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Home Features Offshore drilling moratorium remains, but for how long?

Offshore drilling moratorium remains, but for how long?

BELIZE CITY, Fri. Apr. 24, 2015–Oceana in Belize has written an 18-page letter to Senator Audrey Joy Grant, Minister of Energy, Science & Technology and Public Utilities, requesting that her ministry withdraw a set of petroleum exploration guidelines drafted in 2013 – guidelines which include a proposed framework for petroleum exploration across various zones over the onshore and offshore territory of Belize.

Oceana strongly objects to any notion of drilling offshore Belize, and its position was reiterated this week when it publicly reaffirmed that position and called on the public—which also rejected offshore drilling in a referendum held in 2012 by the Belize Coalition to Save Our Natural Heritage—to remain engaged on the issue.

In a March 2015 letter, Oceana’s Vice President in Belize, Janelle Chanona, said that, “Oceana in Belize urges the Ministry of Energy to immediately withdraw the Guidelines and conduct an impartial and comprehensive review (inclusive of representatives from the tourism and fishing sectors across Belize) to initiate a meaningful and dynamic policymaking process of the risks and benefits of offshore oil development in Belize. Such a review should be undertaken prior to any further action to authorize oil exploration in our invaluable marine environment.”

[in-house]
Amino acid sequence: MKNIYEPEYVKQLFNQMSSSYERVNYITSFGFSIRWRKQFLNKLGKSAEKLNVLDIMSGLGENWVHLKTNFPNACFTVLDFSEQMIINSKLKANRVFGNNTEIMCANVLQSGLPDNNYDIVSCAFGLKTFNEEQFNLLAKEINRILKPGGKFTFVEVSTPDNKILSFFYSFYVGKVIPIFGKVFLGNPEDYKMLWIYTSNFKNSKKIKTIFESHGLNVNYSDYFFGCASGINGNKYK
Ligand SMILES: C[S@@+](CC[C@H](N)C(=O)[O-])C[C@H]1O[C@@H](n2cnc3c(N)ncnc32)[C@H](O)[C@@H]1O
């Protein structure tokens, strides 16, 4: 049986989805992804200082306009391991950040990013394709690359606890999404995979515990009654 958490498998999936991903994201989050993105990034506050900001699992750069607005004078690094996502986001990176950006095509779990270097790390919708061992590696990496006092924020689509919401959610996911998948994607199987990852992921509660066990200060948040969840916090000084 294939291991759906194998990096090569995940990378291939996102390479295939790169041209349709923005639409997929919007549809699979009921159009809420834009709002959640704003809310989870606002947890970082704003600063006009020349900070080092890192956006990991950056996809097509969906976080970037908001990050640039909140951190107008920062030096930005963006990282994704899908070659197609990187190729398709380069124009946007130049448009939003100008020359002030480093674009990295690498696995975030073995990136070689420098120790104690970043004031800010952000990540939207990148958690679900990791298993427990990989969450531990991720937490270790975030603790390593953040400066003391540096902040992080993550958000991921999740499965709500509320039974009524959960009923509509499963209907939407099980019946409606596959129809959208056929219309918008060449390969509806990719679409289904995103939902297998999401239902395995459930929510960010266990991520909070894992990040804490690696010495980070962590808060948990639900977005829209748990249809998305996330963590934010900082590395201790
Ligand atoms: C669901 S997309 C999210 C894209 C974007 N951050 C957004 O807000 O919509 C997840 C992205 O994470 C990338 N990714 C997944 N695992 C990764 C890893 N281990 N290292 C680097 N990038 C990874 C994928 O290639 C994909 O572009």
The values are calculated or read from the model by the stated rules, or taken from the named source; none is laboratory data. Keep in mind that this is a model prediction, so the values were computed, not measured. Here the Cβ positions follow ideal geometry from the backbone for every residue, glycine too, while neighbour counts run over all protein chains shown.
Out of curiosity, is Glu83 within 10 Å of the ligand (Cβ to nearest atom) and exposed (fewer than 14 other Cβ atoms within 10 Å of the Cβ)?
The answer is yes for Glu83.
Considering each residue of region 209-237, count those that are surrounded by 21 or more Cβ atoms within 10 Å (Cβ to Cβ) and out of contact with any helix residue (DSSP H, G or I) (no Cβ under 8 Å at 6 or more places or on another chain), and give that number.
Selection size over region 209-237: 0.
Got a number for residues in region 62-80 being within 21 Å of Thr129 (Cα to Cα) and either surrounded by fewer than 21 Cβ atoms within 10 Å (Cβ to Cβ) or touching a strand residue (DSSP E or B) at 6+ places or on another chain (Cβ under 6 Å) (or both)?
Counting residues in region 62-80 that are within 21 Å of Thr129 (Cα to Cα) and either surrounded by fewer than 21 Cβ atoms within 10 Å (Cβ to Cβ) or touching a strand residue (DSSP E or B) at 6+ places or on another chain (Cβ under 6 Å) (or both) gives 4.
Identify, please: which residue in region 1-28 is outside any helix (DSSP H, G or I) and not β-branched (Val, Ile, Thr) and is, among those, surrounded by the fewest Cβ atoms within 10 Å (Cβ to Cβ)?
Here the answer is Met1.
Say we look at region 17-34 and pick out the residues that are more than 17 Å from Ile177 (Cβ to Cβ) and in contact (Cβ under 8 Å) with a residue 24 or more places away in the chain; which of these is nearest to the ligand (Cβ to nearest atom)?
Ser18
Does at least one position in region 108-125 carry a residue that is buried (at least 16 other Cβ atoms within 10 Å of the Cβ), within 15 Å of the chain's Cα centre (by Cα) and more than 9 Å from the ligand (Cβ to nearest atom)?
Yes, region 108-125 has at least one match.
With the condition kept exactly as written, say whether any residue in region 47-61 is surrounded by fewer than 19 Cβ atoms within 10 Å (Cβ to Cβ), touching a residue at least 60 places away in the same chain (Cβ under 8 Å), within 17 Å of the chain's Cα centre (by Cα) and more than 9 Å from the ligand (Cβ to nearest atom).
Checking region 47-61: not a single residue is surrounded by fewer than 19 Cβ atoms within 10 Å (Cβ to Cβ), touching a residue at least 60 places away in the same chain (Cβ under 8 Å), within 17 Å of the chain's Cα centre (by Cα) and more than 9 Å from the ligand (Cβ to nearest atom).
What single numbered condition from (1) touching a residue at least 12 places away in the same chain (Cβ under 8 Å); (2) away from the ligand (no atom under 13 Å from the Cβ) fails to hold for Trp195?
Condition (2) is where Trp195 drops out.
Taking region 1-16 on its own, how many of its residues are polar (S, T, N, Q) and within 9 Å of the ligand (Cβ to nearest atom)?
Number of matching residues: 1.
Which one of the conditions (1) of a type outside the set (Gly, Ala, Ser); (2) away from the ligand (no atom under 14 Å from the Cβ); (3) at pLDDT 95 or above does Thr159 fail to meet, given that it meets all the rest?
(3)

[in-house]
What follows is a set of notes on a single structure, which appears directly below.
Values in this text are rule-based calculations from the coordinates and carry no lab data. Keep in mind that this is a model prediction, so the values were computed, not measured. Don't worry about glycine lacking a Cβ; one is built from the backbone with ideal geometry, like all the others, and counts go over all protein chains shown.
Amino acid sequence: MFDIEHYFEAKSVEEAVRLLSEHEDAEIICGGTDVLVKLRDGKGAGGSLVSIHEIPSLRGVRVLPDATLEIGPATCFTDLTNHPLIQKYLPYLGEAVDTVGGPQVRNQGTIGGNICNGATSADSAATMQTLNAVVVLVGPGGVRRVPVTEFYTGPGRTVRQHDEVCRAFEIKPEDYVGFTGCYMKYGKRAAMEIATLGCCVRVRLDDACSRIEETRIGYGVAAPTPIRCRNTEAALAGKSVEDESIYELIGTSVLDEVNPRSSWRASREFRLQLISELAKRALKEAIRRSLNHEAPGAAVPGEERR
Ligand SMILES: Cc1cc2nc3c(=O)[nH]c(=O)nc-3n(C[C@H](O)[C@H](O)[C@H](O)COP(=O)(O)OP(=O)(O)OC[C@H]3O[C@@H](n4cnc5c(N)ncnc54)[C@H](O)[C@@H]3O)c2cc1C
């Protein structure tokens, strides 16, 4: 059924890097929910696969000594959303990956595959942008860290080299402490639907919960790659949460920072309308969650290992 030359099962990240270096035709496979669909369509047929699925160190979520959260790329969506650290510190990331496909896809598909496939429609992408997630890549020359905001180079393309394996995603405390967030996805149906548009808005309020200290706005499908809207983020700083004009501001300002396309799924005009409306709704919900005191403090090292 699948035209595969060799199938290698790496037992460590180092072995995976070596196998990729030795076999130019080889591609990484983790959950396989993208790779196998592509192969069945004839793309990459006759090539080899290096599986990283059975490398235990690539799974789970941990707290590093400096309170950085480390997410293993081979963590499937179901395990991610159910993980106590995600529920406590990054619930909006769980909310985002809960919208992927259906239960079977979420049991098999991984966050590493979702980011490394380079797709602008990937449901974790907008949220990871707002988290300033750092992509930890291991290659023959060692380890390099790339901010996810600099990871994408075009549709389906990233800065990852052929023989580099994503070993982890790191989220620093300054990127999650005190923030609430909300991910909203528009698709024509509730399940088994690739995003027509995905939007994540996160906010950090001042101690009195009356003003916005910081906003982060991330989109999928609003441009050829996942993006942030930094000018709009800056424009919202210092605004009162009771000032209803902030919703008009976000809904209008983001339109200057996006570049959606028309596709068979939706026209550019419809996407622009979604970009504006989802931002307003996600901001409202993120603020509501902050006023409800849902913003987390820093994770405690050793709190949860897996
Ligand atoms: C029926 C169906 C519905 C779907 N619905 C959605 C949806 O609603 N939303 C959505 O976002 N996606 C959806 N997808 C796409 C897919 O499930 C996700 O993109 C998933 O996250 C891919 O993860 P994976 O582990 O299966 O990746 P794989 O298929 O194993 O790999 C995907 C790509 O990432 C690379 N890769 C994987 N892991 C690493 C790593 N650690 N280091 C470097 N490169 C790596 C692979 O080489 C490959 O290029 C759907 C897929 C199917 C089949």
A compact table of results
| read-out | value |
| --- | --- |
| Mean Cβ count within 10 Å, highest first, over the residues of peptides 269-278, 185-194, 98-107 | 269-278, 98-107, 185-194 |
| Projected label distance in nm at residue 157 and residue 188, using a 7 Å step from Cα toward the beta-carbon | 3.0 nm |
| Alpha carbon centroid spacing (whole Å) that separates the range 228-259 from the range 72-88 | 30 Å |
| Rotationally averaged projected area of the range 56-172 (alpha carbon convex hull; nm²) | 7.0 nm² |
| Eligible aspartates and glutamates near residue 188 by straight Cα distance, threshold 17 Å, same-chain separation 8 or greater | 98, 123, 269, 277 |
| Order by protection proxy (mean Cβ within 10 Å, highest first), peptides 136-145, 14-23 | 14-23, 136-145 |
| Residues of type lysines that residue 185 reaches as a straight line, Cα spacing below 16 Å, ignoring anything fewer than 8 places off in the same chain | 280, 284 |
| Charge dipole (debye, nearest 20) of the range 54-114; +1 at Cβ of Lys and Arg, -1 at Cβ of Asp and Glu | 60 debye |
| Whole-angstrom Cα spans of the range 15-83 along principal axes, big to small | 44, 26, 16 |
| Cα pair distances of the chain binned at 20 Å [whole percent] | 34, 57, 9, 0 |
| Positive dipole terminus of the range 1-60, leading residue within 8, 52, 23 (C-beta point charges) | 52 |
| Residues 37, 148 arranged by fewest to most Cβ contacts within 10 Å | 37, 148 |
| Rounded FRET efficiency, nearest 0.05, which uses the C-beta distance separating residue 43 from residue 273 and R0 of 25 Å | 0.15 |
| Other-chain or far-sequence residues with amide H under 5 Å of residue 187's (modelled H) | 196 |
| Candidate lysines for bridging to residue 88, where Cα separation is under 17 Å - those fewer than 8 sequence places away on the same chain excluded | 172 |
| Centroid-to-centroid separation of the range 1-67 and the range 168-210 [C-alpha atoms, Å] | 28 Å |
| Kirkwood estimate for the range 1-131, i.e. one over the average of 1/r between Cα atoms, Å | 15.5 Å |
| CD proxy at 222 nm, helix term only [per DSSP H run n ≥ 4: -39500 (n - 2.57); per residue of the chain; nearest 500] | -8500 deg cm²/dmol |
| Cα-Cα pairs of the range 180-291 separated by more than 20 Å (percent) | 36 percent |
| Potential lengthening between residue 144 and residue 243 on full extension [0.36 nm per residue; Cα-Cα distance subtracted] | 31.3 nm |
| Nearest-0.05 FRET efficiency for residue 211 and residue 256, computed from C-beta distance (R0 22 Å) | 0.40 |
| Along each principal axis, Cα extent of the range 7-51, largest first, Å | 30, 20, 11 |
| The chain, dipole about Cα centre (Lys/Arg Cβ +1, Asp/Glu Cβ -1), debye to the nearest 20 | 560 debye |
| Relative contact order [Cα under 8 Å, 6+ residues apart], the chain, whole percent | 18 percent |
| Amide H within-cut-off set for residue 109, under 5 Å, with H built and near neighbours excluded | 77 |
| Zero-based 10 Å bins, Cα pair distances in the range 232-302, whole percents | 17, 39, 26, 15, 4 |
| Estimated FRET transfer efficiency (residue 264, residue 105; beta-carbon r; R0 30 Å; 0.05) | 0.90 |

Speaking with Amandala today, Dr. Colin Young, CEO in the Ministry of Energy, said that Government will continue to maintain the moratorium on offshore drilling. Young said that the moratorium will remain in place until government has a policy on offshore exploration. He said the draft petroleum exploration guidelines, which have yet to be refined, will feed into an eventual policy, which will have to be presented to Cabinet before it is finalized.

However, the CEO said that the ministry has over the years been reaching out to members of the conservation community in Belize, as well as researchers, to help develop the guidelines. He said that those guidelines have not yet been updated with stakeholder input, and the process of refining those guidelines has yet to ensue. He indicated that the government will continue to engage stakeholders.

Young said that the ministry has received and read Oceana’s letter, and they will be dialoguing with them on the issue through the Department of Geology and Petroleum, which has been leading the exercise to develop the guidelines.

We asked the CEO if there is any chance that Government will withdraw the draft guidelines, and he said that he could not provide any indications of that.

Currently, Princess Petroleum has an oil exploration concession which includes large areas of onshore and offshore Belize. However, Princess has not commenced drilling onshore and it has abandoned drilling in offshore Belize.

Young pointed out that the concession granted to Princess Petroleum comes to an end in October of this year, and “there is no intent or expectation on the part of government to renew that concession.” “I think the same is true for Providence as well,” he further noted.

Oil concessions

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